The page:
|Dr. Margaret Winter|
HUNTINGTON, Ind.— Four years ago, Huntington University launched a nursing program with the goal of integrating rigorous instruction with faith-based values. Today, as the campus prepares for commencement ceremonies that will honor the nursing department’s first graduating class, the program has received full accreditation from the Commission on Collegiate Nursing Education.
The program was awarded a five-year accreditation with no compliance concerns, the most a first-time program may receive under the guidelines of the accrediting body.
“This is a dream come true and truly an answer to prayer,” said Dr. Norris Friesen, vice president and dean of the university. “We started this process almost eight years ago and to see the program become fully accredited is amazing. I am excited to see how God will use our nurses to impact our communities and beyond.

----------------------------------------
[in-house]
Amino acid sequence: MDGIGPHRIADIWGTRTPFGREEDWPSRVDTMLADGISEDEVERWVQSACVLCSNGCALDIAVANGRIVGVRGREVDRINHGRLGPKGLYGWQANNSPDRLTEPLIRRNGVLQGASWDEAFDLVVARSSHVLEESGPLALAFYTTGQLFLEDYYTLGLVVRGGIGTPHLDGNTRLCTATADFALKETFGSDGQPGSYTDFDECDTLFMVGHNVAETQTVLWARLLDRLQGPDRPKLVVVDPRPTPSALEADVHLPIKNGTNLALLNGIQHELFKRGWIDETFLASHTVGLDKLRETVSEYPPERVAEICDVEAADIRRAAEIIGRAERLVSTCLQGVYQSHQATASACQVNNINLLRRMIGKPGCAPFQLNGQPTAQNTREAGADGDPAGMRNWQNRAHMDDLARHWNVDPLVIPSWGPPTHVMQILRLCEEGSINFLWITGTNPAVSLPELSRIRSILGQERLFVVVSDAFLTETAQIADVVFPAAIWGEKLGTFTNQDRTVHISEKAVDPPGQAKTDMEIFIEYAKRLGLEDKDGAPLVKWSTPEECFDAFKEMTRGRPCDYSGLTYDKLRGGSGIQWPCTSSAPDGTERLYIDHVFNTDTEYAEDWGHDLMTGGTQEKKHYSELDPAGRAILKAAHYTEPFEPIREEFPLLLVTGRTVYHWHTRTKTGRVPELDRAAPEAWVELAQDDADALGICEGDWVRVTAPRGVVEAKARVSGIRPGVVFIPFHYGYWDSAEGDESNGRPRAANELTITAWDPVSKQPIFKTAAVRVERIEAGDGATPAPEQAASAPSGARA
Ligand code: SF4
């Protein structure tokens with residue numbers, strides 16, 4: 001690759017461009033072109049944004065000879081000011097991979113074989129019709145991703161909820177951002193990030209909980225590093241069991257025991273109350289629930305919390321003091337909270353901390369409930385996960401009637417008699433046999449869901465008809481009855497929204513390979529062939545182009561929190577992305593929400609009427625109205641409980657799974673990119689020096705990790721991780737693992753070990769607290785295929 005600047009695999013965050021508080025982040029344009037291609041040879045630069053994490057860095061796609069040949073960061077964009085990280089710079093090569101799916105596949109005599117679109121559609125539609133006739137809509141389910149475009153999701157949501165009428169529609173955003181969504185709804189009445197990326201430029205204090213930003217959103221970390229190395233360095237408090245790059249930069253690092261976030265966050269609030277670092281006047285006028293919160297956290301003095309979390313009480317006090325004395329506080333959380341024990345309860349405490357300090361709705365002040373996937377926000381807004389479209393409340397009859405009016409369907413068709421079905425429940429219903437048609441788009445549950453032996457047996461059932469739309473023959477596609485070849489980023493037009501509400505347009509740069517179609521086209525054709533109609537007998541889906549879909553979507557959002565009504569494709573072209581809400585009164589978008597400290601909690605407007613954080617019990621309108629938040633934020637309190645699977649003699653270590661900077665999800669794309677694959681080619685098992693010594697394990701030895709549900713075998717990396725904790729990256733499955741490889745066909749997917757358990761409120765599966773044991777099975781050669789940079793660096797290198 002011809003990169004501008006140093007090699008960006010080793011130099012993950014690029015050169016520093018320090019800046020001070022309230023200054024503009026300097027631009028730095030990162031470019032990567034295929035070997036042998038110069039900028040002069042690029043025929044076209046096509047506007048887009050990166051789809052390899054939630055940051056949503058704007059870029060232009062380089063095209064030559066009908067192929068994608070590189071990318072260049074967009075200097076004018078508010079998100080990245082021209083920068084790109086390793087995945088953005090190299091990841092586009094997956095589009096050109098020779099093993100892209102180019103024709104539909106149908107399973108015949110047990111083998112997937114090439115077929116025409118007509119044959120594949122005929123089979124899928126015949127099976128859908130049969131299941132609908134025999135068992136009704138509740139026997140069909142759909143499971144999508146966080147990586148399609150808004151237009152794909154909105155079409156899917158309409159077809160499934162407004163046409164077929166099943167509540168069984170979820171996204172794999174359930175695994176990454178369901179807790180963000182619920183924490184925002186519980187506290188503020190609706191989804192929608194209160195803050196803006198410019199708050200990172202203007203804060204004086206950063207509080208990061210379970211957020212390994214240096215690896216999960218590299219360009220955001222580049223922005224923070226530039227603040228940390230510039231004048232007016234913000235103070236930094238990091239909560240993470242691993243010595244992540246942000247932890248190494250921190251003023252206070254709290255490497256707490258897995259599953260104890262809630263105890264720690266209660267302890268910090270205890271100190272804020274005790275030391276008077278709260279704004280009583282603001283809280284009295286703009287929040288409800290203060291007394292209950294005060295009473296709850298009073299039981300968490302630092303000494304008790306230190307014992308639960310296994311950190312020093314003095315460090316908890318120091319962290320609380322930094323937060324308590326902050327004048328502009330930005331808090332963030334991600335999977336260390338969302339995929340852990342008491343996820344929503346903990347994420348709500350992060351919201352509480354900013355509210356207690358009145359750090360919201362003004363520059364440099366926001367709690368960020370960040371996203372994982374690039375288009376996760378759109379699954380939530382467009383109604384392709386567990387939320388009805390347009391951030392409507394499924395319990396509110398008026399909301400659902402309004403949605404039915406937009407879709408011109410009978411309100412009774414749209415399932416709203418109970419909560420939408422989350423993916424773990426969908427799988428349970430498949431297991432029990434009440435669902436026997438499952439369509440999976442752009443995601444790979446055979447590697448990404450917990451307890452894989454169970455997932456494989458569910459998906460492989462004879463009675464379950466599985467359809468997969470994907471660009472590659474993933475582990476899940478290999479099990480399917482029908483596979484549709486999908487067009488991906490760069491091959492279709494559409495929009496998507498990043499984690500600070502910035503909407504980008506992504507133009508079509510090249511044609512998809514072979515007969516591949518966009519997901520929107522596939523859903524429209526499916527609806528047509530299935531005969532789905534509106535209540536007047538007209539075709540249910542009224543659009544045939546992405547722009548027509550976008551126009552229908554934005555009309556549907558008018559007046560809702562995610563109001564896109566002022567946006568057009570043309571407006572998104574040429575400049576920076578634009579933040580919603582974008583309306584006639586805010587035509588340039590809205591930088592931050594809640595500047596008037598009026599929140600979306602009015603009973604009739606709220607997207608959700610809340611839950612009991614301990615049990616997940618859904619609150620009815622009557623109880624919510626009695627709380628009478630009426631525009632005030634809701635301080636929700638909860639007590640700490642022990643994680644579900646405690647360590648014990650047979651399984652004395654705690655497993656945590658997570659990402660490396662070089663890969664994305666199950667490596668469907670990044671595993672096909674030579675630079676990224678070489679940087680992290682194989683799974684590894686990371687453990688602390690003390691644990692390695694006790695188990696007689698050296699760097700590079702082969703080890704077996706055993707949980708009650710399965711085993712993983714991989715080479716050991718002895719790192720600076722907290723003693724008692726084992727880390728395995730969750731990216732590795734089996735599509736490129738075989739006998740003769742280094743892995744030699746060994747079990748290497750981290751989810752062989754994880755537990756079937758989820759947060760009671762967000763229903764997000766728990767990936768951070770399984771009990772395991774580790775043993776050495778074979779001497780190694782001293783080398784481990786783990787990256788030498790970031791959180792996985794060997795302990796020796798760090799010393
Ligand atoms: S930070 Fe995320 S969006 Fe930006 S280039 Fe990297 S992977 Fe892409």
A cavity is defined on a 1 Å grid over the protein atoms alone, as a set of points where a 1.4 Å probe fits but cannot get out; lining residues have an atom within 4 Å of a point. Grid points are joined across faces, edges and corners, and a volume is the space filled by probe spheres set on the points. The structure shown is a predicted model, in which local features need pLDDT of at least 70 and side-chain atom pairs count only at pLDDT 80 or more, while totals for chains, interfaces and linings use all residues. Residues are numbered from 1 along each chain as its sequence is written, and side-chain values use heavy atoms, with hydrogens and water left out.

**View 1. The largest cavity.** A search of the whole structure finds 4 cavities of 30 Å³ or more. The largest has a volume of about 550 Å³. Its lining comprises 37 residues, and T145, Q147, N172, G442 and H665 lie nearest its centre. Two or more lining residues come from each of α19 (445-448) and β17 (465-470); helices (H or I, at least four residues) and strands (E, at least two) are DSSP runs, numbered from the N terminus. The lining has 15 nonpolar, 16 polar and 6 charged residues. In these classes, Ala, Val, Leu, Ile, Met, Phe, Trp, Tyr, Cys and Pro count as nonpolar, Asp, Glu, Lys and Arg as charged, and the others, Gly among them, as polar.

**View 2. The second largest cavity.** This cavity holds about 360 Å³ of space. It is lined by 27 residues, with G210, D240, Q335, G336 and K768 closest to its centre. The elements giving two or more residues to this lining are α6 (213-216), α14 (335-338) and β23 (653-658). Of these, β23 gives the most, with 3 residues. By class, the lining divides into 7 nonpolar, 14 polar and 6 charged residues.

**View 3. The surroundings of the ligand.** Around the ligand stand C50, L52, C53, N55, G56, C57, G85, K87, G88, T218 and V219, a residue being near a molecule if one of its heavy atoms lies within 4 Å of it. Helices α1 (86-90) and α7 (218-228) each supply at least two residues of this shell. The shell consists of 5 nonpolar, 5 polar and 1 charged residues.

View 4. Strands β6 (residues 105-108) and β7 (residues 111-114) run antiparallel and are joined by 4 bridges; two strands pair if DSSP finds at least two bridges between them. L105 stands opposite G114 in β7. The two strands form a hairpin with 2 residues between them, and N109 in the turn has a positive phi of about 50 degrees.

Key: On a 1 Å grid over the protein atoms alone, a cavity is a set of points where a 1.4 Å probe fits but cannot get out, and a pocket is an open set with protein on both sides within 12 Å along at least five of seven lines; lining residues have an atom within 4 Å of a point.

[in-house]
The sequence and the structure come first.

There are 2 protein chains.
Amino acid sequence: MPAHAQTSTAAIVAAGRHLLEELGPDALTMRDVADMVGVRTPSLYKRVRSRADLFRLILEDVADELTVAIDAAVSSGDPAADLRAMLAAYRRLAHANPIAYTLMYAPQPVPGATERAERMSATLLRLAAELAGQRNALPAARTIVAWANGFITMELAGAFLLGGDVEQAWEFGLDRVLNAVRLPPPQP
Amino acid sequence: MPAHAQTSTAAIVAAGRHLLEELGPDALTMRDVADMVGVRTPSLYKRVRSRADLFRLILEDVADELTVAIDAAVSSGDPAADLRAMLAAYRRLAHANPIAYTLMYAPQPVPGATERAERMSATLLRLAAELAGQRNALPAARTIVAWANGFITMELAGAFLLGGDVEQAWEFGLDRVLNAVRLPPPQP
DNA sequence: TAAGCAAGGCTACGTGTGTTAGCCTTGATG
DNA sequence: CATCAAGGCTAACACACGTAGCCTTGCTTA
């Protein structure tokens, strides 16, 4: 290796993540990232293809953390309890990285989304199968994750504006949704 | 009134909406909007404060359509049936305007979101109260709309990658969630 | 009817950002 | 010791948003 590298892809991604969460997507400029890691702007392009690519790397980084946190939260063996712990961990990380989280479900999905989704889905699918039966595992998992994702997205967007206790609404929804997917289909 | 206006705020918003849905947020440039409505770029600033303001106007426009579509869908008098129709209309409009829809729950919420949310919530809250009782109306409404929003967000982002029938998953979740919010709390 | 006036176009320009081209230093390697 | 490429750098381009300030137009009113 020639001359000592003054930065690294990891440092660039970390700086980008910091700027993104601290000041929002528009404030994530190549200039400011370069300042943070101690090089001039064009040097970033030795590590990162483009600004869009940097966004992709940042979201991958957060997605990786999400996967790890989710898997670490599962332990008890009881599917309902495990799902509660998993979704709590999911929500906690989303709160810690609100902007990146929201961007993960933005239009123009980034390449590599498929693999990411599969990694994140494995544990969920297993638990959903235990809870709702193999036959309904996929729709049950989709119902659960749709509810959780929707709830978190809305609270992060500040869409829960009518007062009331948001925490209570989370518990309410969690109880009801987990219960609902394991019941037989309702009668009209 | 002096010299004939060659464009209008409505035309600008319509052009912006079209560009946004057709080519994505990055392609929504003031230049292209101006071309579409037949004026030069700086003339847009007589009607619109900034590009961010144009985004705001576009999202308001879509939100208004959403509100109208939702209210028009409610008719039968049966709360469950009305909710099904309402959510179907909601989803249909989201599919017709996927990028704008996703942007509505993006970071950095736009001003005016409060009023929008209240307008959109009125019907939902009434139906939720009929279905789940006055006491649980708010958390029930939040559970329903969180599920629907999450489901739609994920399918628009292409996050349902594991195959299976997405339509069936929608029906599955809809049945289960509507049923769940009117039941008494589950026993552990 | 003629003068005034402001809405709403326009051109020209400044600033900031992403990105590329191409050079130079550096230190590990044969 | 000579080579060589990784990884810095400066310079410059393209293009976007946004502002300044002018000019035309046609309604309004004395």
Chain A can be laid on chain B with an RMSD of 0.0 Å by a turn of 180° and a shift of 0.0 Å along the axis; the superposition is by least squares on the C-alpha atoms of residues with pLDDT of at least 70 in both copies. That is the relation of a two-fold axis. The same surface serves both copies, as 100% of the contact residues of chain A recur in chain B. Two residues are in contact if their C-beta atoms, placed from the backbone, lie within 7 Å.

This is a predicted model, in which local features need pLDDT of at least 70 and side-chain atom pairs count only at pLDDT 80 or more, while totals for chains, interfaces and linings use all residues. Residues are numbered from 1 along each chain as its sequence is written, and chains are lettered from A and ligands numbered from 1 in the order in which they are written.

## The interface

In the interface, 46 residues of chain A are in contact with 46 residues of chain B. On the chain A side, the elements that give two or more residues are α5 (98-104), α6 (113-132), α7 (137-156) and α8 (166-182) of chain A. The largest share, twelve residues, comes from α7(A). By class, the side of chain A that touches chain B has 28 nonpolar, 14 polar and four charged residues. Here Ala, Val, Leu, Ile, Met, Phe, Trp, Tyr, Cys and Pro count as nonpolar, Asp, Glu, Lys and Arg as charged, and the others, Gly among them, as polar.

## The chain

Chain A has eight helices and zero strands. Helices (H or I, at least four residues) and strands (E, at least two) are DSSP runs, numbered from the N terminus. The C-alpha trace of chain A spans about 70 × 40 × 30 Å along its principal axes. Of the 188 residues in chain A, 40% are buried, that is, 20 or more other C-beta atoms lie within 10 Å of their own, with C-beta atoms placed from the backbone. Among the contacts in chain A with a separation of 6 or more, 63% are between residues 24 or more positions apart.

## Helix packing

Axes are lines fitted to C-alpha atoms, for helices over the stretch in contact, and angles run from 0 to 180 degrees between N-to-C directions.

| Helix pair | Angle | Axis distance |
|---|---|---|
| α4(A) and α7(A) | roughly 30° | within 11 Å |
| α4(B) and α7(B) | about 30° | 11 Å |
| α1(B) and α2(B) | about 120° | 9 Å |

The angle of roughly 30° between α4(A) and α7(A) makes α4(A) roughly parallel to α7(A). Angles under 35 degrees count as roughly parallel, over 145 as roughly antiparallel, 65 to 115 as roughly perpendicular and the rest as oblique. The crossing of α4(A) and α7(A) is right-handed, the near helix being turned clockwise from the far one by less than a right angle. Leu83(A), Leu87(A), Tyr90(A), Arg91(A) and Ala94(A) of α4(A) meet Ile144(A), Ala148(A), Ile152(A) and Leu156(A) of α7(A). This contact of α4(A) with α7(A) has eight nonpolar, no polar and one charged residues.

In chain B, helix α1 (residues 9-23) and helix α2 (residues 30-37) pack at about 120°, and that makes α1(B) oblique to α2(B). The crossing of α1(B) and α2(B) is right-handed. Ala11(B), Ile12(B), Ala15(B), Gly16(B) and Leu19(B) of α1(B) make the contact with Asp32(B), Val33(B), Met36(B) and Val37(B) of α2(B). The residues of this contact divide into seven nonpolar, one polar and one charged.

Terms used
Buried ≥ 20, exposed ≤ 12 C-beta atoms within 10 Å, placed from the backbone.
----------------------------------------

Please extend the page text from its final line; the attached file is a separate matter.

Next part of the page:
For accreditation, the university was required to write a self-study report, host a site visit by an evaluation team and have the results reviewed by the CCNE Board. CCNE is an independent accrediting agency recognized by the U.S. Secretary of Education as a national accreditation agency. CCNE assesses baccalaureate and graduate nursing programs.
“This has been a combined effort of the faculty, staff and students of the Department of Nursing with the support of the administration and staff of the university,” said Dr. Margaret Winter, director of nursing. “The accreditation is a critical factor for students obtaining employment in the health care field as well as obtaining advanced degrees, such as a nurse practitioner or nurse educator.”
In 2007, the Indiana State Board of Nursing voted to grant full initial accreditation to the university’s nursing program.
The Bachelor of Science in nursing degree is built upon Christian principles and is strengthened by a broad curriculum in the liberal arts. The program provides students with extensive on-campus and off-campus clinical experiences as well as in-depth training in human anatomy and physiology, chemistry and core courses in the liberal arts. The university’s state-of-the-art, 93,000-square-foot Science Hall houses the nursing lab complete with simulated patients.